There is one thing that can be very helpful to a new entrepreneur and that is to find and bond with a mentor. Someone who has been there and done that; one who has already been successful as an entrepreneur. Finding this type of person was very helpful for me, not so much because he told me what to do, but because he offered great advice on what not to do. That was the best shortcut of all.

What is the biggest risk an entrepreneur faces?

The biggest risk for any budding entrepreneur is not the risk that their enterprise will fail, but that they will fail to understand the difference between a dream of success and a vision of success. In essence, a dream is something we hope will happen (like winning the lottery) but have no control over achieving. While a vision is something that can be made to happen. The key for the entrepreneur is to know the difference.

Also, to increase the chances for success, the entrepreneur must understand the difference between a “risk” and a “gamble.” Overcoming risk leads to success, while taking a gamble invariably leads to failure. The nature of a risk is that while the outcome is uncertain, it can be managed and mitigated by specific actions. On the other hand, the outcome of a gamble is also uncertain, but there is no (legal) way to influence or control the outcome.

The entrepreneur must recognize that what separates winners from losers is not the elimination of risk — which is not possible – but it is the ability to understand, manage and mitigate risk. If the entrepreneur does not understand the risks and has no plans to diminish them, they become a gamble and that is the riskiest approach of all.

What are the three most important things that will enhance the entrepreneur’s chances for success?

Having intimate knowledge and experience in the industry the entrepreneur seeks to compete in gives them a big advantage. Building a new company is enough of a challenge itself, but attempting to do so without experience in the industry creates a learning-curve that can easily overwhelm the entire effort.

Offering a new approach to an industry that is being pressured by change is a big advantage for a new venture. The initial reaction to change forced on established companies is to resist that change. Most are satisfied with the status quo and concentrate on protecting it. This creates an opportunity for a new venture to respond to change with new ideas or innovations; without having to compete directly against the established companies. Remember, in times of stability, the established companies will always win, but in times of volatility and change, it is the creative and innovative company that wins.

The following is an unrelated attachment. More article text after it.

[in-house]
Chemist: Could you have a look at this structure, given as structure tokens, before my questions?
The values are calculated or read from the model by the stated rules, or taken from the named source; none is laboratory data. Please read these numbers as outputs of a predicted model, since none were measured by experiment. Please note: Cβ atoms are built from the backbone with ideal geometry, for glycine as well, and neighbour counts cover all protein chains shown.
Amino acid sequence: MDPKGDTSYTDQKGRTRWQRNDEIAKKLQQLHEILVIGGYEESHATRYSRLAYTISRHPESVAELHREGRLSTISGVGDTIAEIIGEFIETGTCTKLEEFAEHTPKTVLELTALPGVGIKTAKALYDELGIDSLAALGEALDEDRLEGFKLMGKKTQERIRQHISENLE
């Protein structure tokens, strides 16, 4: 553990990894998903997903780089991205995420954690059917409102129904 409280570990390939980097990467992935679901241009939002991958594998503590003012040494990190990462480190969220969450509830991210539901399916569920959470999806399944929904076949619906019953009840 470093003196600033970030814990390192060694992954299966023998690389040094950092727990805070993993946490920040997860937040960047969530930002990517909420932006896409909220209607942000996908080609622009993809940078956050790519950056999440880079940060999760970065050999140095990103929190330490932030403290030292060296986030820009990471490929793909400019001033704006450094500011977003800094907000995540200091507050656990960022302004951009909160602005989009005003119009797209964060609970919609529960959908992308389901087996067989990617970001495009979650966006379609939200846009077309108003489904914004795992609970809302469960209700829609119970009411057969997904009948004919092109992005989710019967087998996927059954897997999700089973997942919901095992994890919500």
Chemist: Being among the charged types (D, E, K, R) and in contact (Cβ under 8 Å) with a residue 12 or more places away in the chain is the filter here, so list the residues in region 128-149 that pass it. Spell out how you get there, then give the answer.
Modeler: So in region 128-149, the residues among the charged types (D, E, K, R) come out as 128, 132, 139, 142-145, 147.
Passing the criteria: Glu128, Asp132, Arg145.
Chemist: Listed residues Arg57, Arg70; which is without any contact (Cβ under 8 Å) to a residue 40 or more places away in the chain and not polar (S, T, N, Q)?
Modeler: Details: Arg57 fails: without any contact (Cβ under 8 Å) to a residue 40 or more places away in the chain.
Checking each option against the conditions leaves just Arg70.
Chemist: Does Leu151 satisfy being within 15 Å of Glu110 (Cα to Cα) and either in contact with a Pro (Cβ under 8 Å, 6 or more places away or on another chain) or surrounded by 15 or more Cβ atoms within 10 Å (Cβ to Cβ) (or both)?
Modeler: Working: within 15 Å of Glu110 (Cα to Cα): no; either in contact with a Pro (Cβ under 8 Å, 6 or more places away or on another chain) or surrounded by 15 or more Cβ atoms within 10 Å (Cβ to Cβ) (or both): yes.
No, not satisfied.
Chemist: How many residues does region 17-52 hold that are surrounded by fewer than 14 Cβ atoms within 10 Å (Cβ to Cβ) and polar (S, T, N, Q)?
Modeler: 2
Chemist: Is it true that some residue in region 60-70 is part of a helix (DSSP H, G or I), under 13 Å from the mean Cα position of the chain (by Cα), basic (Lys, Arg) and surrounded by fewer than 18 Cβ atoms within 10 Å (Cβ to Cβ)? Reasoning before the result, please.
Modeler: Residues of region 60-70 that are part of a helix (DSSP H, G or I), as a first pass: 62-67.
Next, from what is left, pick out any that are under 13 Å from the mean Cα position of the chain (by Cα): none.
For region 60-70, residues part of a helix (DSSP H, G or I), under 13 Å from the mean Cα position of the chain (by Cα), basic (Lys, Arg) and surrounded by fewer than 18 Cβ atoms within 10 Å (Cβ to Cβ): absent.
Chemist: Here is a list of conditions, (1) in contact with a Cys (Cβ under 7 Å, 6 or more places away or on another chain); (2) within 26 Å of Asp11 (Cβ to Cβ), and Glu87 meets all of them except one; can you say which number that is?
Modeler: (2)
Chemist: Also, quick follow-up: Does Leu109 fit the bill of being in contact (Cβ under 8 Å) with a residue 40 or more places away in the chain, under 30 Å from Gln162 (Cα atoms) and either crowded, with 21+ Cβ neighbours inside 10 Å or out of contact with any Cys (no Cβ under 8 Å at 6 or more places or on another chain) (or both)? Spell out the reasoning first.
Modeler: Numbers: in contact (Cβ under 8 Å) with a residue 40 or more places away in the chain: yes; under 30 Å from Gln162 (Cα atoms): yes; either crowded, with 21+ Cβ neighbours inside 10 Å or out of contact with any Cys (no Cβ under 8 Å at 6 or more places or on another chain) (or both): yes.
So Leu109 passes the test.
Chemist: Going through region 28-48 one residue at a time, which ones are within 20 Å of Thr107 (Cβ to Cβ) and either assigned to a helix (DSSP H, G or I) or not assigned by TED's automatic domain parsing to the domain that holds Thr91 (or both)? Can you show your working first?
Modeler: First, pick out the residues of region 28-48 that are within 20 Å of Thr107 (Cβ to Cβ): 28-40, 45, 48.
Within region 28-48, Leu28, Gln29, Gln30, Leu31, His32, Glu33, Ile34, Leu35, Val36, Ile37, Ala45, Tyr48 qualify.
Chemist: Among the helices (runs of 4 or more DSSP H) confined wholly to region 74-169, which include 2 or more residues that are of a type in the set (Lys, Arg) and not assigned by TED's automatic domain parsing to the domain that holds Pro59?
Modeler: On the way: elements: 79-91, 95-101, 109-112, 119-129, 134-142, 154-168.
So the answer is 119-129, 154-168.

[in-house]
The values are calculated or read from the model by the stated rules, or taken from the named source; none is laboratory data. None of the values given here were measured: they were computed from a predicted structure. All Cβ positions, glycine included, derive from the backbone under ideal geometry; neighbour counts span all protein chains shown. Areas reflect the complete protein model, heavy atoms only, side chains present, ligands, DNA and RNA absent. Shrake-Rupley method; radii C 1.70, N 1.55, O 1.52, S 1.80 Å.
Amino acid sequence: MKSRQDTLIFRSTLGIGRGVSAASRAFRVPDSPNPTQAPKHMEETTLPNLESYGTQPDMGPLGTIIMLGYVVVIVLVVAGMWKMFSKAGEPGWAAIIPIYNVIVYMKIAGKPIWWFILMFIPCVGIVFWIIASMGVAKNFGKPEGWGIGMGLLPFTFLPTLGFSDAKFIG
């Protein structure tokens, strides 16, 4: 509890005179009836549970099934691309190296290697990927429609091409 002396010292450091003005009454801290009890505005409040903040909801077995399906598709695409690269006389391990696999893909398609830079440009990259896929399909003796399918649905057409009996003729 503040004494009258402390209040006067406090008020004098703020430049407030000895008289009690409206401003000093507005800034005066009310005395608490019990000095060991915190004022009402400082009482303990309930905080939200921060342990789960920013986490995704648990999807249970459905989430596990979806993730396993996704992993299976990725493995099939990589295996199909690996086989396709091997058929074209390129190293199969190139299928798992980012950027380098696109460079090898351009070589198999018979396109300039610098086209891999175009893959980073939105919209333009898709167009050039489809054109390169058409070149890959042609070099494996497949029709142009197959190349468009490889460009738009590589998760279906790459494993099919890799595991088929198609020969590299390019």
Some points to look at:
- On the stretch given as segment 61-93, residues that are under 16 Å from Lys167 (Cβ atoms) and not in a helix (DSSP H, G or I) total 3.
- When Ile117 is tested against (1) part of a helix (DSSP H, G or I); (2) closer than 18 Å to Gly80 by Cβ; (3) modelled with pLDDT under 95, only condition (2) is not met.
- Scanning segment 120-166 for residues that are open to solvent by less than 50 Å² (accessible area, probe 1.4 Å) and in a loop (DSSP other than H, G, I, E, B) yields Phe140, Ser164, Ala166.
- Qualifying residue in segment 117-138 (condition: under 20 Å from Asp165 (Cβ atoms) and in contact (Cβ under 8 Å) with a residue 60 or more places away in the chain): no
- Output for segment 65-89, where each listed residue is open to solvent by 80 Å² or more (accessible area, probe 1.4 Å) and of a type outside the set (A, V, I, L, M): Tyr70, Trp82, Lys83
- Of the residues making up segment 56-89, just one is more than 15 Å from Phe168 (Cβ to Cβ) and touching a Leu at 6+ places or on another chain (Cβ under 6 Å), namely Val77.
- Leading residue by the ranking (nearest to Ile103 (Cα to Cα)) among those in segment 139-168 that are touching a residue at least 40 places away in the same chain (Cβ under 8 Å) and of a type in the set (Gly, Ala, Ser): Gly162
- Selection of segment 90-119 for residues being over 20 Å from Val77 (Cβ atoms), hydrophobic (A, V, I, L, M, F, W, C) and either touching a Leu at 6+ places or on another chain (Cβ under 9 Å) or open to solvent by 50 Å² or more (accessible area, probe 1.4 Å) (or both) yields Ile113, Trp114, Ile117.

The entrepreneur who has a clear vision of what the future of the industry and their company will look like has a big advantage. I like to call it “reminiscing about the future.” Everyone has the ability to do that, but few make the effort. Reminiscing about the future is not predicting the future, rather it is developing a vision that paints a picture of the future others can understand and work to achieve. And that almost always assures success for the entrepreneur.

For example, when I founded LifeUSA (a start-up life insurance company) I had over 20 years of experience in the industry. Entering as a sales agent and moving up the ladder to company CEO, I had intimate knowledge of the insurance industry and knew all that was right and wrong with the industry.

When LifeUSA was founded, the insurance industry was entering a period of tumultuous change. Industry growth had begun to slow as the business model and products had become obsolete. Rather than embrace change, the industry fought it and adopted a “get back to the basics” defense. This created an opportunity for LifeUSA to enter the industry as a start-up company without having to compete directly against the established giants.